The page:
Beatriz’s WarJuly 19, 2014
Having finally managed to see Beatriz’s War, I almost wish I hadn’t. This first-ever feature from Timor-Leste is a rite of passage; a catharsis for the wrongs endured during the Indonesian occupation. One suspects it will be a long time before the East Timorese are producing comedies and musicals. There’s too much pain and trauma to be overcome, too vivid an awareness of an oppressive recent history. If this film isn’t the most devastating portrait of the brutality that passes for policy in Indonesia that’s only because Joshua Oppenheimer’s documentary, The Act of Killing (2012) is a hard act to follow.
It’s been said that Beatriz’s War doesn’t require any special pleading but that’s wishful thinking. This is a sincere but amateurish production in which events unfold with a sense of tragic inevitablity. The acting is two dimensional, and the dialogue – or at least the subtitles – undistinguished.
Co-directors, Luigi Acquisto and Bety Reis, have set out to cover a broad sweep of East Timorese history, beginning in 1979, four years after the departure of the Portuguese and the arrival of the Indonesians. Prior to the invasion the population enjoyed ten days of independence – a privilege not to be recaptured until 2002, when Timor-Leste became the first new nation of the 21st century.
We join the story with the Indonesians engaged in a struggle with Falantil, the East Timorese guerilla army. Beatriz is an eleven-year-old girl, soon to be wed to Tomas, a boy from a good family. On the day of this wedding between two children, the Indonesians attack, and Beatriz loses her mother.
This is only the beginning of the violence. As the story leaps ahead by years at a time there are more acts of brutality. The only trace of stability arrives when the East Timorese women decide to sacrifice their honour to the Indonesian soldiers in order to bring more children into the community.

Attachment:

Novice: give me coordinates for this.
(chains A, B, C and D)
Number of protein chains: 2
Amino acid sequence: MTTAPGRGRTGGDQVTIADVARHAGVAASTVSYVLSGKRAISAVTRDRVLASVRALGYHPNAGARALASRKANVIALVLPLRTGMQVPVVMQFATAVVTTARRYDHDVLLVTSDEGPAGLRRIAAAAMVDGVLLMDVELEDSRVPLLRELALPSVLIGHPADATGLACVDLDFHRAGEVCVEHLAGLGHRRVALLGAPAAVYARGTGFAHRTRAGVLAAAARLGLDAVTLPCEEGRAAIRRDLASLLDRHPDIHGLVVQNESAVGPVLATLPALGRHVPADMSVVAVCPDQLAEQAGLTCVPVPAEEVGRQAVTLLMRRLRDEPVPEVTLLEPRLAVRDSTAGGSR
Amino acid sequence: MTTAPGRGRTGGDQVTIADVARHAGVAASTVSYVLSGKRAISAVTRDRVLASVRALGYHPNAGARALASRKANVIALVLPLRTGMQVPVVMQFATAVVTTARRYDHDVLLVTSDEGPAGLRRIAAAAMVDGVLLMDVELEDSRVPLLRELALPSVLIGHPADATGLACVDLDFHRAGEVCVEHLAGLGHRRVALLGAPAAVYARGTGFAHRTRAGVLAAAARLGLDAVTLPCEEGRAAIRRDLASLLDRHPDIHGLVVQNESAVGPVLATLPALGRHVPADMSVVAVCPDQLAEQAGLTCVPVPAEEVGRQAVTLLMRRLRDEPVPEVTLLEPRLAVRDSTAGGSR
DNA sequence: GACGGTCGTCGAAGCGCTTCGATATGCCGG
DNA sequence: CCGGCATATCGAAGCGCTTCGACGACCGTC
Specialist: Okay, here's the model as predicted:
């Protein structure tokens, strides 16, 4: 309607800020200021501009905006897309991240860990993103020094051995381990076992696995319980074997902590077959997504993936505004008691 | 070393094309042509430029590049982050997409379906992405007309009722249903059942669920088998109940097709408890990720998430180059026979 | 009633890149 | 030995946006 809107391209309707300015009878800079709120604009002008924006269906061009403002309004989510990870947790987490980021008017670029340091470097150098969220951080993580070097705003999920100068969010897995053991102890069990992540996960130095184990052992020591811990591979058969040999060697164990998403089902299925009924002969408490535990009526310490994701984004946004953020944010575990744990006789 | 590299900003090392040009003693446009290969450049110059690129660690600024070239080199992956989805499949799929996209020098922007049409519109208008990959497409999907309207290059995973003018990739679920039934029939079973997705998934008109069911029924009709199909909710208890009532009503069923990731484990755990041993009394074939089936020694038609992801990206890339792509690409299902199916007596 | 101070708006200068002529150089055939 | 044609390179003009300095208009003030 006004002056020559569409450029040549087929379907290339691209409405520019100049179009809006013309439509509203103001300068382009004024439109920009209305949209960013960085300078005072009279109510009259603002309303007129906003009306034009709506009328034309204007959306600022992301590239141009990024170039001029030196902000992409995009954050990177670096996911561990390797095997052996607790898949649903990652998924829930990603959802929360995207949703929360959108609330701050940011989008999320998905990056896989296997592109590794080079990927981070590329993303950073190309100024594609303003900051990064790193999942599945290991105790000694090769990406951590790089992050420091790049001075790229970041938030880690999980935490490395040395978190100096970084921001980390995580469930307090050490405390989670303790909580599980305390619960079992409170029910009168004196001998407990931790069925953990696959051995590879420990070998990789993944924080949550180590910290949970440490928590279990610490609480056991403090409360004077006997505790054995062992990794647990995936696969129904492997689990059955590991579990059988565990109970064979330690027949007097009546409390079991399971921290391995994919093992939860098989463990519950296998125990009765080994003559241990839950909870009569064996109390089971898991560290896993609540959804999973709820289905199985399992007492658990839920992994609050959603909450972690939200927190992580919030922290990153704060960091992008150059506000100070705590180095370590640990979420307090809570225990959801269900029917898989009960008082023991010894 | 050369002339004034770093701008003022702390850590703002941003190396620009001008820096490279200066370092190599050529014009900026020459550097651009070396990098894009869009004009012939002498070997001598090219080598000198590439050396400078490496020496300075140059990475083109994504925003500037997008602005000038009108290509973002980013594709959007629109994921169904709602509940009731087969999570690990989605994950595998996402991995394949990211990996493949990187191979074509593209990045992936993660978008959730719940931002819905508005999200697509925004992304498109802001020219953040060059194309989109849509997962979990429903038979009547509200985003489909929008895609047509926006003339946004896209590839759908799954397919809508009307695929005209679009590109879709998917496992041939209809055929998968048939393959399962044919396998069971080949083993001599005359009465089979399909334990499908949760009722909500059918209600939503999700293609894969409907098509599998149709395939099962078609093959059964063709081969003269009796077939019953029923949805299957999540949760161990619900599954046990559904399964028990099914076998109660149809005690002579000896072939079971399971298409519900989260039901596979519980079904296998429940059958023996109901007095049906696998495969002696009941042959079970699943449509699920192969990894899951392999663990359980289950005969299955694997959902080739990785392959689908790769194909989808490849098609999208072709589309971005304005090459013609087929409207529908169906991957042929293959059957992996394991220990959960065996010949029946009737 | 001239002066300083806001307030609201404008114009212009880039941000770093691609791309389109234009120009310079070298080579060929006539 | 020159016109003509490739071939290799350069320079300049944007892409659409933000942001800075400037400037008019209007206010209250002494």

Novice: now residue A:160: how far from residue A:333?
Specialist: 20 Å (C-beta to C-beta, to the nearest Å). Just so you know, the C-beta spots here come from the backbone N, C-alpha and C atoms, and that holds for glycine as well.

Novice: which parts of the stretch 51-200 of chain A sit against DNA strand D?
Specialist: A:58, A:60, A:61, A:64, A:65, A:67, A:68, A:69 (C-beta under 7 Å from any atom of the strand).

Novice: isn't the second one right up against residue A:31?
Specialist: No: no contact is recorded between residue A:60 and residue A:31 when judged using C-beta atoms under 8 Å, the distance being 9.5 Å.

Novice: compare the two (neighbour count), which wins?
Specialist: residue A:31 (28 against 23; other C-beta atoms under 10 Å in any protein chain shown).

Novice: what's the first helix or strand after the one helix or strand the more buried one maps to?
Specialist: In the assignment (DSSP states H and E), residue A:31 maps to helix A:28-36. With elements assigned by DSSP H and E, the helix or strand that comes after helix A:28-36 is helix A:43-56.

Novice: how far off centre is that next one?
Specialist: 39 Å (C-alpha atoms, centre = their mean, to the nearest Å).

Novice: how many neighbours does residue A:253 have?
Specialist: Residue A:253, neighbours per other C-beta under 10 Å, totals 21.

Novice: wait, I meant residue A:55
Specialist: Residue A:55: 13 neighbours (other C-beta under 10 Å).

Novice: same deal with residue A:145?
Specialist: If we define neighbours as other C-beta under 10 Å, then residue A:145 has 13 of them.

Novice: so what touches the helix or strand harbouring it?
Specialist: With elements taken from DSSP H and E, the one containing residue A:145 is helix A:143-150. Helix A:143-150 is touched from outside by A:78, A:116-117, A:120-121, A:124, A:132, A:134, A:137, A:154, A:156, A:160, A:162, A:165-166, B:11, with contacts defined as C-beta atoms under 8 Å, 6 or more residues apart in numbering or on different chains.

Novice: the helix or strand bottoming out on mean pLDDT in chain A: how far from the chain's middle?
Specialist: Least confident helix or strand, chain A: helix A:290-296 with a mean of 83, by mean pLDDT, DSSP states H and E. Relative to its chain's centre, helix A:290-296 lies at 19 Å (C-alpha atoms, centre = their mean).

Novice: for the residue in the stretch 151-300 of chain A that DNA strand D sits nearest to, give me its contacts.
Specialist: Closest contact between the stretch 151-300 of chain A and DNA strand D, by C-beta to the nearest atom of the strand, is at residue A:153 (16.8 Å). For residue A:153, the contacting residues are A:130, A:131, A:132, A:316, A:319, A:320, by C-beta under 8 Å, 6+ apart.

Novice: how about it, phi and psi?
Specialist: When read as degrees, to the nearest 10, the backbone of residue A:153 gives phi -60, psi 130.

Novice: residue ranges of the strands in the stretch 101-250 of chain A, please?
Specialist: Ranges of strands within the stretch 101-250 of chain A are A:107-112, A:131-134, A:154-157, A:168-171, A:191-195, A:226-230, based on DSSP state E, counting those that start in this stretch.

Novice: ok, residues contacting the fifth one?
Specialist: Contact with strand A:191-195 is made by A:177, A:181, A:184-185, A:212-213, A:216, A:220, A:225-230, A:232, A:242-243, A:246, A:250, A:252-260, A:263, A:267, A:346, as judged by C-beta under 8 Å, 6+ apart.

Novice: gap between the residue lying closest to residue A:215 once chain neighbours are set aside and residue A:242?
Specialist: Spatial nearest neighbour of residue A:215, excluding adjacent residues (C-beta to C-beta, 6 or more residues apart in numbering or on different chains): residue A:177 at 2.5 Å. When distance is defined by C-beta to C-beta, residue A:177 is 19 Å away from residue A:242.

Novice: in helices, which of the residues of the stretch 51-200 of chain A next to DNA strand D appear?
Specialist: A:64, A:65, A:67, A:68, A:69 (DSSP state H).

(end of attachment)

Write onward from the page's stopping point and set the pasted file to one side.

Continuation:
The film is not exactly a bloodbath but that may be because of budget constraints – it was made for only $200,000. Much of the worst violence happens off-camera or at long distance. There are no lavish special effects: those who get shot in Beatriz’s War simply fall to the ground. It’s also possible that the directors aimed for a ritualistic effect, underlining the idea of the dead as martyrs to a higher cause.
This deliberate, episodic way of telling a story is not conducive to character development. We are closest to Beatriz (Irim Tolentino) and her sister-in-law, Teresa (Augusta Soares), but their characters evoke little empathy. The chief villain is the Indonesian officer, Captain Sumitro (Gaspar Sarmento), who bears a disconcerting resemblance to Joe Hockey. Sumitro carries out callous and murderous acts in the most casual manner, as if it were just another day at the office.
It might seem strange to decry a lack of melodrama but the portrayal of both good and bad characters could have used a little more angst. The press release tells us that Beatriz’s War “is the story of one woman’s passion for independence and justice, both for her nation and for her soul.” But there is far more stoicism than passion on display.
The strangest aspect of Beatriz’s War comes at the end, when the Indonesians have departed. The story takes a sudden turn and becomes a doppelganger for The Return of Martin Guerre (1982), Daniel Vigne’s tale of assumed identity set in the middle ages. This storyline was presumably introduced as a way of emphasing that the new nation of Timor-Leste must be able to face the past without lies or deceit. It closes the door on a long period of uncertainty, but feels awkward and anomalous, as if the movie had taken off on a new path.
Beatriz’s War is one of those flawed but necessary works of art that lay the ghosts of the past before a war-torn nation can look towards the future. Even if it fails as drama, it is a movie that will educate many people about the recent history of Timor-Leste. That’s a legitimate raison d’etre, because it’s a story the world needs to know.
Directed by Luigi Acquisto & Bety Reis
Written by Luigi Acquisto & Irim Tolentino
Starring Irim Tolentino, Augusta Soares, José da Costa, Osme Goncalves, Gaspar Sarmento.
Timore-Leste, rated M, 105 mins
Published in the Australian Financial Review, Saturday 19 July, 2014.